Background: The Nazi Party put out an official account of the
Nuremberg Rallies each year from 1933 to 1938. This is the section dealing
with the Wehrmacht’s part of the 1936 rally. After a description of the
mock battles, Field Marshall von Blomberg and Hitler speak.
The source: Der Parteitag der Ehre vom 8. bis 14.
September 1936. Offizieller Bericht über den Verlauf des
Reichsparteitages mit sämtlichen Kongreßreden
(Munich: Zentralverlag der NSDAP., 1936), pp. 279-288
The Wehrmacht on the Zeppelin
After the series of marches that each day give the Reich Party
Rally its most visible form, the Day of the Wehrmacht on the
Zeppelin Field brings the week to an end.
To give the hundreds of thousands of party rally participants
the opportunity to see the Wehrmacht, there were two parades
on Monday. The first was at 8:00 a.m. Minister of War General
Field Marshall von Blomberg gave a short speech to the troops
and presented them with their new standards. The Führer
was present for the second parade in the afternoon. The Führer
and Supreme Commander spoke to his soldiers. A gathering of all
participating military units on the Zeppelin Field and a solemn
flag-lowering ceremony at midnight at the Führer’s hotel
completed the Day of the Wehrmacht.
The enormous stands surrounding the Zeppelin Field were of
course packed by early morning with those who were eagerly awaiting
the military spectacle. The fall air was fine and sunny. The
many swastika flags were supplemented by the Reich Battle Flag.
Many of the viewers were not familiar with the nature of our
modern army. The program was designed to give them an overview
of the various military units and their role in the army as a
whole. Of course, the space available did not allow for genuine
military maneuvers, since the troops were restricted to a relatively
The loudspeakers announced the beginning of the parade at
8:00 a.m. sharp. The Luftwaffe demonstrated its capacities and
duties. Reconnaissance aircraft appeared high above, with another
group soon coming from the opposite direction. New formations
appeared a few minutes later, their deep drone audible from afar.
A fighter squadron flew low over the field. Behind them came
the “Hindenburg” squadron, followed by squadrons 153
and 155. Then came groups from the “General Wever”
and “Bölcke” squadrons.
The air is filled with the sounds of the large machines, flying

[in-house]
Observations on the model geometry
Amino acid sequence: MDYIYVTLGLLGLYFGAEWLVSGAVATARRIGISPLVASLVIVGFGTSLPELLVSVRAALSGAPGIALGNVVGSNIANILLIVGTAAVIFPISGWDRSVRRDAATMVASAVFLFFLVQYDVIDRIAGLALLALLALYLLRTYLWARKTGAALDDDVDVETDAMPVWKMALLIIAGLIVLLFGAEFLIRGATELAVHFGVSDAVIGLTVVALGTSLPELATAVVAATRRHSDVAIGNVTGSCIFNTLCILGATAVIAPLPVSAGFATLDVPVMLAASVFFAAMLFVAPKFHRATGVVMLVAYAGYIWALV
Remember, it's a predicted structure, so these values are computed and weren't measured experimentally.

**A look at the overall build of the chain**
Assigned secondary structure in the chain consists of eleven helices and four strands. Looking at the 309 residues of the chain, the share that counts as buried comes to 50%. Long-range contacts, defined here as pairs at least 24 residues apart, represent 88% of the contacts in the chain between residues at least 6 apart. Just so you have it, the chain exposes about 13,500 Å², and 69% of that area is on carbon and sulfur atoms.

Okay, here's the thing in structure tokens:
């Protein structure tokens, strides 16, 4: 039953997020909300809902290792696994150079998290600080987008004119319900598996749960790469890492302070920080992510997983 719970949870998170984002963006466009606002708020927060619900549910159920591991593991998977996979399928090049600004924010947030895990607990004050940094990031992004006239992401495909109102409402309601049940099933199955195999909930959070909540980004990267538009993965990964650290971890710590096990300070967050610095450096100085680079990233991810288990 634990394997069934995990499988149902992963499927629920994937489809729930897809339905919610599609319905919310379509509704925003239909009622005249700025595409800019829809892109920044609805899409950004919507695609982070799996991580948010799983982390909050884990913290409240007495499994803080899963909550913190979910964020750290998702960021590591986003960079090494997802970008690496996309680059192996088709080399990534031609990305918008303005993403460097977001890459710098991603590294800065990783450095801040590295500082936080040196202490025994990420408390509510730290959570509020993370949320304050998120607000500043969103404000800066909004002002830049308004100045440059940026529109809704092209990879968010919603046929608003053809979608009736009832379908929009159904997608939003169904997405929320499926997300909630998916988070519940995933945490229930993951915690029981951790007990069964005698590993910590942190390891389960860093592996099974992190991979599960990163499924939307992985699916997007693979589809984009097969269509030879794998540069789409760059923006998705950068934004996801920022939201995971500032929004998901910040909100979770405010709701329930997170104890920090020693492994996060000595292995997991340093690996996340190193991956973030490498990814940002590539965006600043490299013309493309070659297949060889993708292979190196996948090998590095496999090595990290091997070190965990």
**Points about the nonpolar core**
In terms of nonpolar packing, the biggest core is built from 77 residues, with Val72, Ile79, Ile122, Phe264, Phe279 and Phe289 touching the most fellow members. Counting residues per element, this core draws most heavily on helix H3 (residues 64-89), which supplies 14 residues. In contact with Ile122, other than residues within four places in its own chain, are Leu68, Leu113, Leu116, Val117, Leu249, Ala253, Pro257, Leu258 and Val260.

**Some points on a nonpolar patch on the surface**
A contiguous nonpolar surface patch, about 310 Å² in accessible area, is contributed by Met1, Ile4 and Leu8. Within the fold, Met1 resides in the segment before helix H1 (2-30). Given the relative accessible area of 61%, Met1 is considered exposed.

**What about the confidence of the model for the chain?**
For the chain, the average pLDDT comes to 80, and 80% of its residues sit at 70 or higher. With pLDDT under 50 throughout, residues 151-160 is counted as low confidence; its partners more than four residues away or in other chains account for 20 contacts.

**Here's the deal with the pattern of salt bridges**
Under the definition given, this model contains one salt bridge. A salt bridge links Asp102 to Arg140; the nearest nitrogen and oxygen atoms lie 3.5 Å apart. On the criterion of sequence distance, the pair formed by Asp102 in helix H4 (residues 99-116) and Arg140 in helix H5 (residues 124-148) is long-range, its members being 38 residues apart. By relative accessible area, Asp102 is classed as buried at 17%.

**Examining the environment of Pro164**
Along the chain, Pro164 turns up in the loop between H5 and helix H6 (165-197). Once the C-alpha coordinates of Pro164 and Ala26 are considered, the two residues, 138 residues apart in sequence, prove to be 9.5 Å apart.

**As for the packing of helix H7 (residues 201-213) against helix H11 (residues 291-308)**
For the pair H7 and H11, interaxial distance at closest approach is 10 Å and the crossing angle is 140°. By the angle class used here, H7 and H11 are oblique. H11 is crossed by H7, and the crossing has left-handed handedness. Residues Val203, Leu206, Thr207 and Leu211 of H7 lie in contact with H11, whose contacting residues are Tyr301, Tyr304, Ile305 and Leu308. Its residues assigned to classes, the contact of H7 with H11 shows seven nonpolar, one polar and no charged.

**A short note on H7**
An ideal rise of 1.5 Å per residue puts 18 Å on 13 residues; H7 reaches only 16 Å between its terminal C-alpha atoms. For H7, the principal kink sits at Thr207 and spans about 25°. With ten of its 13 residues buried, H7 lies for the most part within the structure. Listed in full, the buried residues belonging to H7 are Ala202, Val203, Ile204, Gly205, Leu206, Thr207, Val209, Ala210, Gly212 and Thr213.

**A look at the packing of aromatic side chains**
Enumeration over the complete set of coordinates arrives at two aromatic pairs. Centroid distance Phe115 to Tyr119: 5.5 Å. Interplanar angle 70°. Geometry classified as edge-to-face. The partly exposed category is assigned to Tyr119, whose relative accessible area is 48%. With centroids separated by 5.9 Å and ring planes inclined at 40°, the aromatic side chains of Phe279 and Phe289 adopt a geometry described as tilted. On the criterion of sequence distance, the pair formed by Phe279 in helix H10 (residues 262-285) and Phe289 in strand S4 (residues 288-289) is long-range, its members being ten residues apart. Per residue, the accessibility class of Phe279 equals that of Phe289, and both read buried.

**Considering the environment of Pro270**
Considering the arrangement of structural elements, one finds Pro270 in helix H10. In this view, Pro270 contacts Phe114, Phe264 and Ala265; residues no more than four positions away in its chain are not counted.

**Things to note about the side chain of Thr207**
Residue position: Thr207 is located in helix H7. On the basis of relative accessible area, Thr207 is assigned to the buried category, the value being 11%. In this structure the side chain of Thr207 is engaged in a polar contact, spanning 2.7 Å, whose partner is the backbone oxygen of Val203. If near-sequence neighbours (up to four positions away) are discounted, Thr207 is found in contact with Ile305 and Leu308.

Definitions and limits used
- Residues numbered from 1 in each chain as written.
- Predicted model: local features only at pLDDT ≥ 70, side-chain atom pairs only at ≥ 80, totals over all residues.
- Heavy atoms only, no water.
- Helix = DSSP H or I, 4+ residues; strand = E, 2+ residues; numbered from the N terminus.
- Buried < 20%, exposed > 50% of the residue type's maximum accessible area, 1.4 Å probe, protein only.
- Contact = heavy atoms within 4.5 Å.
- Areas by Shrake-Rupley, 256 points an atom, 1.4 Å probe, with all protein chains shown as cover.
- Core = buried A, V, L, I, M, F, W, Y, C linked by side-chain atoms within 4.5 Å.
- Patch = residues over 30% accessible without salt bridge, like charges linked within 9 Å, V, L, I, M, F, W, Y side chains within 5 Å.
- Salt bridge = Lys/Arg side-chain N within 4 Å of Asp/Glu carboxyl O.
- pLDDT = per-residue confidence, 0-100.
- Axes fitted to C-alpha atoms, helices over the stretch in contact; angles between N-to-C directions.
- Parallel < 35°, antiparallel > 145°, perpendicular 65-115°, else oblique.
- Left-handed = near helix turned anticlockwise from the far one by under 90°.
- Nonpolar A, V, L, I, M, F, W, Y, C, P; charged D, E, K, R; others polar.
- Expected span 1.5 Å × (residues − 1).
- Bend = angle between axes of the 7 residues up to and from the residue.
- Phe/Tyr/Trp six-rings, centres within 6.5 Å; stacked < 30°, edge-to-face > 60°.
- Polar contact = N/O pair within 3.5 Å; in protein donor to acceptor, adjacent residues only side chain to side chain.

in precise formation about 100 meters above the ground.
Fighters fly over higher up. As the loudspeakers announce
that the first group belongs to the “Horst Wessel”
squadron, the cheers are so loud that one almost thinks that
they can be heard in the thundering planes. The “Richthofen”
and “Immelmann” squadrons also appear.
The fighter groups circle the field, and finally a group separates
to perform exercises. It is an amazing sight as the planes turn,
yet maintain their tight formation.
The formation breaks up. They circle the field and thenthe
leader dives toward the field. One machine after another follows,
plunging toward to the ground. Then the machines climb again
and resume their formation.
As the planes disappear over the horizon, light and heavy
flak batteries enter the field. They rapidly set up positions.
As soon as the barrels are pointed skywards, a squadron of dive
bombers attempts an attack.
The light battery fires furiously. The guns are turned to
follow the planes as they head off. The heavy batteries too begin
their work as a new attack by squadrons at high elevation begins.
The noise is hellish, giving at least an idea of what reality
would be like.
The trucks of the flak battery now leavethey were camouflaged during
the attack and new vehicles enter the field. An aerial parade of
all formations closes this part of the exhibition. In close formation,
the groups fly by at low altitude.
Now modern cavalry units conduct military exercises. A trumpet corps
gallops in through the main gate across from the main platform and takes
position beneath it. Units of the Tenth Cavalry Regiment enter from the
other three gates, meeting in the center and marching to the main platform.
They stop briefly before galloping out through the rear entrance.
The exhibition is over in a few minutes, yet what effort and
training were necessary for such a precision appearance by a
thousand horses and riders.
Next come exercises by a light artillery battalion. Scarcely
have they taken their positions when the first command to fire
sounds. The fire toward the right. Another command, and they
strike the guns and leave at a gallop.
Scarcely is the field empty when reconnaissance cavalry race across the
field from the east. They are followed by the advance forces. Red skyrockets
rise. The scouts have seen enemy tank units to the west. The guns take
up position, and open fire against the enemy attack. The cavalry advance
can continue. The scouts again are at the lead. The cavalry units are
at the front, followed by anti-tank guns. The signal troops that maintain
contact between units are off to the side. They now march by. A machine
gun unit follows at the rear of each squadron. The cavalry artillery followed,
then the motorized portion of each unit, consisting of signal and engineering
troops, who protect against subsequent enemy tank attacks. More anti-tank
guns follow in the rear.
The whole exercise provides a clear picture of how modern
mobile troops work together with cavalry and motorized forces,
and how within the regiment various groups have specialized tasks.
A motorized reconnaissance unit (4) and a gun battalion (Gun
Regiment 1) attack an enemy position. The previous excise demonstrated
the role of the cavalry. Here, men, horses and motors form a
new whole that shows how motorized units have taken on roles
formerly filled by the cavalry.
The two west gates, representing a narrow gap, are occupied by “red”
guns, light machine gun troops and anti-tank guns. Light and heavy reconnaissance